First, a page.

The People's motion to dismiss raises the question whether this court will act upon a writ of error sued out by defendants who have violated the conditions of their supersedeas bonds by leaving the jurisdiction of this State and are currently fugitives from the custody of the law of Illinois. That question appears to have been resolved by this court in McGowan v. People, 104 Ill. 100. There, the defendants had broken jail and escaped after suing out a writ of error and were still fugitives at the time of this court's opinion. We held that while it is a matter within the discretion of the court to hear the writ under the circumstances, the better practice is not to proceed to a hearing. "While it is not essential to the validity or binding force of any judgment which may be rendered by this court upon exceptions presented by one who has been convicted upon a criminal charge, that he should be present in court, either at the hearing of the cause or upon the rendering of the judgment, yet it would be idle for the court to proceed to determine the questions presented, when the possibility of enforcing whatever judgment it might pronounce must depend upon the option of the fugitives to return into custody, or upon the remote chances of their ultimate recapture by the officers of the law. Before the powers of the court can appropriately be called into action in a criminal procedure like this, the person to be affected by the judgment ought to be within the control of the court below, either actually, by being in custody, or constructively, by being on bail. The reason of the rule is obvious. Should a hearing of the cause result in an affirmance of the judgment below, the escaped prisoners would not be likely to return voluntarily to meet the execution of the sentence. Should a reversal result, they might return and submit to another trial, or not, as the grounds of the decision might suggest to them the prudence of one or the other course of action. We do not think it would subserve the ends of justice to permit persons charged with crime to speculate in this manner upon their chances of escape or conviction. Persons appealing to this court for redress should stand in an attitude to accept and abide the result, whatever that may be." Other jurisdictions are in accord. State v. Spry, 126 W. Va. 781, 30 S.E.2d 88; Owen v. State, 19 Ariz. 193, 167 P. 709; State v. Brinker, 128 Wn. 319, 222 P. 615. Other cases are collected in 26 L.R.A. (n.s.) 921.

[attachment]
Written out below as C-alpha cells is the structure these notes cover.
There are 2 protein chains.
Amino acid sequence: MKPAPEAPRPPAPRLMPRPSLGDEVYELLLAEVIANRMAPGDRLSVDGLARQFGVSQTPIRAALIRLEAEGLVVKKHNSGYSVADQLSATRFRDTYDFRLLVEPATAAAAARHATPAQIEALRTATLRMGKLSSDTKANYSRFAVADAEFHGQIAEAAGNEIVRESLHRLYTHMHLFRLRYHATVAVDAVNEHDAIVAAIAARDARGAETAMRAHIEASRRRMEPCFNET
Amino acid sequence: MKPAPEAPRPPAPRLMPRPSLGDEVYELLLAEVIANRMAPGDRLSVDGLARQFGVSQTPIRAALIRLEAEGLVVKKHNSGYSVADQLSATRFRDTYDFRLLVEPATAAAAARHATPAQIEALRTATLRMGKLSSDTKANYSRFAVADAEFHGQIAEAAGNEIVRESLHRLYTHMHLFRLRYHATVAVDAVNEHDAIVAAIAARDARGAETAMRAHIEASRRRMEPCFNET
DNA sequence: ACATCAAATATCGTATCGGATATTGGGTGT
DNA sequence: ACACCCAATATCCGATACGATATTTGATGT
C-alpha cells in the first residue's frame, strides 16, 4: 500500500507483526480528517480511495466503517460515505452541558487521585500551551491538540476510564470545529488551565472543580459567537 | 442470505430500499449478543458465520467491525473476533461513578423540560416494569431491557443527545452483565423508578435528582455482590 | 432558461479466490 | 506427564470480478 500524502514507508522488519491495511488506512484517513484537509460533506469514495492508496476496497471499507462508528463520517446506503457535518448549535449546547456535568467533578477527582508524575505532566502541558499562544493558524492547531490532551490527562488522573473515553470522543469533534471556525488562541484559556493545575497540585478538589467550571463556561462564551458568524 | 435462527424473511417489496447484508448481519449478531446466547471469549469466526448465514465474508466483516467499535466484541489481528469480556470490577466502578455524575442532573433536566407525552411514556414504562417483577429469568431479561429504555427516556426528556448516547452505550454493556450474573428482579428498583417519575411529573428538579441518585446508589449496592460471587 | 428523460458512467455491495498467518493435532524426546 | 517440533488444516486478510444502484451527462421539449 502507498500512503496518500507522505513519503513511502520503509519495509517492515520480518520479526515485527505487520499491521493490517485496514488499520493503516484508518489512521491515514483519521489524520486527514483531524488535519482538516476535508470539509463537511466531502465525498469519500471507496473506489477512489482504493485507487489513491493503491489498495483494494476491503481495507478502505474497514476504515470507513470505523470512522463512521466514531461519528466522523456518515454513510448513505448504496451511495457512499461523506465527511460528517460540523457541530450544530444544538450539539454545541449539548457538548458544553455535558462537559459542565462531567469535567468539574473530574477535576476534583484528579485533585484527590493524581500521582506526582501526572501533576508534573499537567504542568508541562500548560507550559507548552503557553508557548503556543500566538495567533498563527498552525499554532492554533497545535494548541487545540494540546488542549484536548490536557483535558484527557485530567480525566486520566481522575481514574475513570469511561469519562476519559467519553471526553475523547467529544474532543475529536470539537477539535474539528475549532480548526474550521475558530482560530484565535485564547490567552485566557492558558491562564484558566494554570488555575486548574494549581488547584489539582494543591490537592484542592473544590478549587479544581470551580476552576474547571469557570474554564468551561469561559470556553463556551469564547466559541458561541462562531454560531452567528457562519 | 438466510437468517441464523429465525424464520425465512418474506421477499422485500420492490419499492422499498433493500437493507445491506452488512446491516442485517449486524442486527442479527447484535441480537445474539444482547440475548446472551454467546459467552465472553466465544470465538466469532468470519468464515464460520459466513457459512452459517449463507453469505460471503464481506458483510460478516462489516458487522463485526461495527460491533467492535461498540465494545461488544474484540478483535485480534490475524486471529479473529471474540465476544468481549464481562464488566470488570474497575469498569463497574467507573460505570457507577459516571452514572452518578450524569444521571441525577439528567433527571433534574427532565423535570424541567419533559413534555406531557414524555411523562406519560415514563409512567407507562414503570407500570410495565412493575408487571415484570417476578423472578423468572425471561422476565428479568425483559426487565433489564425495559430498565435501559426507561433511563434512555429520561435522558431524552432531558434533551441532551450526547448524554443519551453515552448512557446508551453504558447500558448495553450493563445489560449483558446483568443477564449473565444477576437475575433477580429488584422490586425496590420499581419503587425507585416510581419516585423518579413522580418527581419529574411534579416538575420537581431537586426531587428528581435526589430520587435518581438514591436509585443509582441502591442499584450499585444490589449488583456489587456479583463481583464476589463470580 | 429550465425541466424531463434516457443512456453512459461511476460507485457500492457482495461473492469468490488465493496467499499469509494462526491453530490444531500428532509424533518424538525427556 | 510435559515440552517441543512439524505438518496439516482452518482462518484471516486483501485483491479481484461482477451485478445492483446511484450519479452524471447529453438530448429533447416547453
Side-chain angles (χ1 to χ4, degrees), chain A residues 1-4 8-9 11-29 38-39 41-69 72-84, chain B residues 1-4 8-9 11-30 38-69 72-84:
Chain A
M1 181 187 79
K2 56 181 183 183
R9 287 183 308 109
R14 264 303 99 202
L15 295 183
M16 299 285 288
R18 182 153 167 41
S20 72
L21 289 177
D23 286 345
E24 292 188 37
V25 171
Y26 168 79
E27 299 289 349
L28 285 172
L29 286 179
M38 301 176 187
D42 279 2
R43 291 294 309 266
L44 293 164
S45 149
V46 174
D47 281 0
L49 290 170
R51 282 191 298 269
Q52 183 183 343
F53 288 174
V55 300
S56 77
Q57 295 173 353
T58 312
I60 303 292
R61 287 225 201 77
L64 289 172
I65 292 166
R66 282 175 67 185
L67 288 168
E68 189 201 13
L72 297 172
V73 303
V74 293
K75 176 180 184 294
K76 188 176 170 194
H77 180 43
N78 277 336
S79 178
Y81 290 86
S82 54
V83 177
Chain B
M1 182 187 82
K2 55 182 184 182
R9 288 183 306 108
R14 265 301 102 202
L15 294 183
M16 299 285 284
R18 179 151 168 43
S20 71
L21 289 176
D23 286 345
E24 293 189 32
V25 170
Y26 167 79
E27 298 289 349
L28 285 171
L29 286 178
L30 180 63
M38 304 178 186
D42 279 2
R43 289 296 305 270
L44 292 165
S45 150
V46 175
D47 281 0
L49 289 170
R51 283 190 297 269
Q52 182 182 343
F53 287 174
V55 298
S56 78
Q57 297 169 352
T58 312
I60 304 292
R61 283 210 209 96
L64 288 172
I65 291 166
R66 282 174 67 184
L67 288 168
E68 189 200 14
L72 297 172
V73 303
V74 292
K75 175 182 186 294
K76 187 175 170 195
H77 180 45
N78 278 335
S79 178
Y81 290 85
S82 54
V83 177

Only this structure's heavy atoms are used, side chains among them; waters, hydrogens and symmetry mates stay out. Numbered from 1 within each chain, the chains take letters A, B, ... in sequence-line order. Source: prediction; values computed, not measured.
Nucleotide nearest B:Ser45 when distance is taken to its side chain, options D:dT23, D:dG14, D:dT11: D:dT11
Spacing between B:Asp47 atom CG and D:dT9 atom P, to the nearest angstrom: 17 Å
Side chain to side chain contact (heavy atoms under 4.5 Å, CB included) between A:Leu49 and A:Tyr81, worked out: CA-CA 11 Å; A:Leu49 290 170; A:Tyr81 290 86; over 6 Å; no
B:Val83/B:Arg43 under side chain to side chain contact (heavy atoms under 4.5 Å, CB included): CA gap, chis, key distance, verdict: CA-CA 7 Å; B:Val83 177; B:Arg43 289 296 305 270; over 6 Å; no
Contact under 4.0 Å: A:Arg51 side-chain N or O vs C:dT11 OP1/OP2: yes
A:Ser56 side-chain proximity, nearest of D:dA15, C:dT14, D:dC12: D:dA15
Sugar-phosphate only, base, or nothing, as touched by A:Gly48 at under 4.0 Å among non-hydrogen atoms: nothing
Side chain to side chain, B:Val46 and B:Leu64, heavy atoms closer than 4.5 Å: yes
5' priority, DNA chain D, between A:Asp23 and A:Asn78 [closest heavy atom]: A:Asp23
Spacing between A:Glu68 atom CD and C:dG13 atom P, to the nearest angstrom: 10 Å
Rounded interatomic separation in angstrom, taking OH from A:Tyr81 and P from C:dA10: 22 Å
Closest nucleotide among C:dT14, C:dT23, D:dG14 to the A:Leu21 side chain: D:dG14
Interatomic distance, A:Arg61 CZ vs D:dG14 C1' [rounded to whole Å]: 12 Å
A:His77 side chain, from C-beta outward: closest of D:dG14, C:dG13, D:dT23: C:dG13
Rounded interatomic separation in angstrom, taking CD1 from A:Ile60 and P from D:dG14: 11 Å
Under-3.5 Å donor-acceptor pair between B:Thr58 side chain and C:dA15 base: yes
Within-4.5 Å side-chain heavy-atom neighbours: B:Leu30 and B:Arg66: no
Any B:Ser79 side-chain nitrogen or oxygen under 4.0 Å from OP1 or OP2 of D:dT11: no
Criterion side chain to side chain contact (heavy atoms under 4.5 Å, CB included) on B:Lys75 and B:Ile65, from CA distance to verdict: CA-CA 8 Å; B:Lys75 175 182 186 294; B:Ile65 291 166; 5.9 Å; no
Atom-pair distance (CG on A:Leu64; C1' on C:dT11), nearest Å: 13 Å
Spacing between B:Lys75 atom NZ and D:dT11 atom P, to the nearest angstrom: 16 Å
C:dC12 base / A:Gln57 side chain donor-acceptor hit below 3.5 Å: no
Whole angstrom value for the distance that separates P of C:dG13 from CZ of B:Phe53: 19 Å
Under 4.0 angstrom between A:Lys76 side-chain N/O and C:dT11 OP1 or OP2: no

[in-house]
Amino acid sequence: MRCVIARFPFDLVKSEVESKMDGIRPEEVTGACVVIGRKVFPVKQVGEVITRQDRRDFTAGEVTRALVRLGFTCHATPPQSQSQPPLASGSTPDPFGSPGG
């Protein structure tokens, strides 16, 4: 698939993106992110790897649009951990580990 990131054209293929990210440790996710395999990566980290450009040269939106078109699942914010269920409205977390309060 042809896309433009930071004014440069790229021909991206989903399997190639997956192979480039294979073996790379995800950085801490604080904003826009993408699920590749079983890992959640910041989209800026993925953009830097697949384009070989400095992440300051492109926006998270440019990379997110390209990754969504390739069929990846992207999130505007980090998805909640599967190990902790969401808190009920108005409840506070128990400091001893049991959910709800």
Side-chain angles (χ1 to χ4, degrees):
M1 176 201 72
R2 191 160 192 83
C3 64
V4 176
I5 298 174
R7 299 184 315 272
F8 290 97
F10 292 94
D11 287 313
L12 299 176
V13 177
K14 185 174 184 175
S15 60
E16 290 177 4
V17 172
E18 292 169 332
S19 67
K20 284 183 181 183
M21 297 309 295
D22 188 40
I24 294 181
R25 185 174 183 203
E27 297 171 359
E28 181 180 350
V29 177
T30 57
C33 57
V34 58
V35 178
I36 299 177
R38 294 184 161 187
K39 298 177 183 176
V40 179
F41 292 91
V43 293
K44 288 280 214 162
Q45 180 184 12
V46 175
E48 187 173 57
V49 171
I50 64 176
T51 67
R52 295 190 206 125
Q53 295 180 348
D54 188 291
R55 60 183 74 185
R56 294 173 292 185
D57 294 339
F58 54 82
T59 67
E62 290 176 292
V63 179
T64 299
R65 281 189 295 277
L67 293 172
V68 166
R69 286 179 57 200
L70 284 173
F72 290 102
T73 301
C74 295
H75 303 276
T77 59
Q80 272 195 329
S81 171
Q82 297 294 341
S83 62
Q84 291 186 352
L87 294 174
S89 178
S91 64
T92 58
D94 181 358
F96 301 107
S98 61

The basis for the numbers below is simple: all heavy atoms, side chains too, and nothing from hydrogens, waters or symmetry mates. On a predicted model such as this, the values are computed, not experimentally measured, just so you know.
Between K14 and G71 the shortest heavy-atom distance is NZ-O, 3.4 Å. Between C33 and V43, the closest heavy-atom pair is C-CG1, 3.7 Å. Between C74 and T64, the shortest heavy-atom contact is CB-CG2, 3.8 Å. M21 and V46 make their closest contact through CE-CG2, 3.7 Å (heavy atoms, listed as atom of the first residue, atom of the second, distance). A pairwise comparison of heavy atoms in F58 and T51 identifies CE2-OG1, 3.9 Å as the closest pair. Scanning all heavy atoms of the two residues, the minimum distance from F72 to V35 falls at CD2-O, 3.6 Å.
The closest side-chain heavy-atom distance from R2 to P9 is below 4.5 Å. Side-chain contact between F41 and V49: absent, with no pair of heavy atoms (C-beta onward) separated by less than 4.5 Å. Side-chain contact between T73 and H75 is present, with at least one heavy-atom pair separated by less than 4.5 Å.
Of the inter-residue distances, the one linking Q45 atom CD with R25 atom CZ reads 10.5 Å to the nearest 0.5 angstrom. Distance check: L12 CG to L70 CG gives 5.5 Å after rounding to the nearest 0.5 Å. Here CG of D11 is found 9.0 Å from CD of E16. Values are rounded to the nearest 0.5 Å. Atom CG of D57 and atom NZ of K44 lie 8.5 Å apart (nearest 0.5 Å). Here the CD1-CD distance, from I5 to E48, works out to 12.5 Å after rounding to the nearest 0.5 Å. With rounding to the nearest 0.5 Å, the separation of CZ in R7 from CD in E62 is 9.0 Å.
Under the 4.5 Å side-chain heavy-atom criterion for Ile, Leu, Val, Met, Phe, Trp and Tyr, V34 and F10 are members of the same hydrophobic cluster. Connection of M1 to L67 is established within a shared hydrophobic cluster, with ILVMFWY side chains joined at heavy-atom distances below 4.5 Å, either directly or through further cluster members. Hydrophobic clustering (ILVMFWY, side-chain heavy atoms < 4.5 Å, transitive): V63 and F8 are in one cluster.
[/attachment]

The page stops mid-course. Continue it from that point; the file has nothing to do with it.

The United States Supreme Court has similarly resolved this question, saying, "It is clearly within our discretion to refuse to hear a criminal case in error, unless the convicted party, suing out the writ, is where he can be made to respond to any judgment we may render. In this case it is admitted that the plaintiff in error has escaped, and is not within the control of the court below, either actually, by being in custody, or constructively, by being out on bail." (Smith v. United States, 94 U.S. 97.) There, the court allowed the defendant until the first day of its next term to return voluntarily and thereby to avoid removal of the case from the docket. Bonahan v. Nebraska, 125 U.S. 692, and Eisler v. United States, 338 U.S. 189, are to the same effect. Moreover, the dismissal of a criminal appeal by a State court upon the ground that the defendant has escaped and has not returned within a time period set by the court does not constitute a denial of due process. Allen v. Georgia, 166 U.S. 138.

We see no reason why the rule stated should not apply here. Accordingly, unless it is made to appear to the court that the defendants have returned to the custody of the law in this State by the first day of the January, 1953, term of this court, this writ of error will be dismissed.

Writ of error dismissed, conditionally.

19521120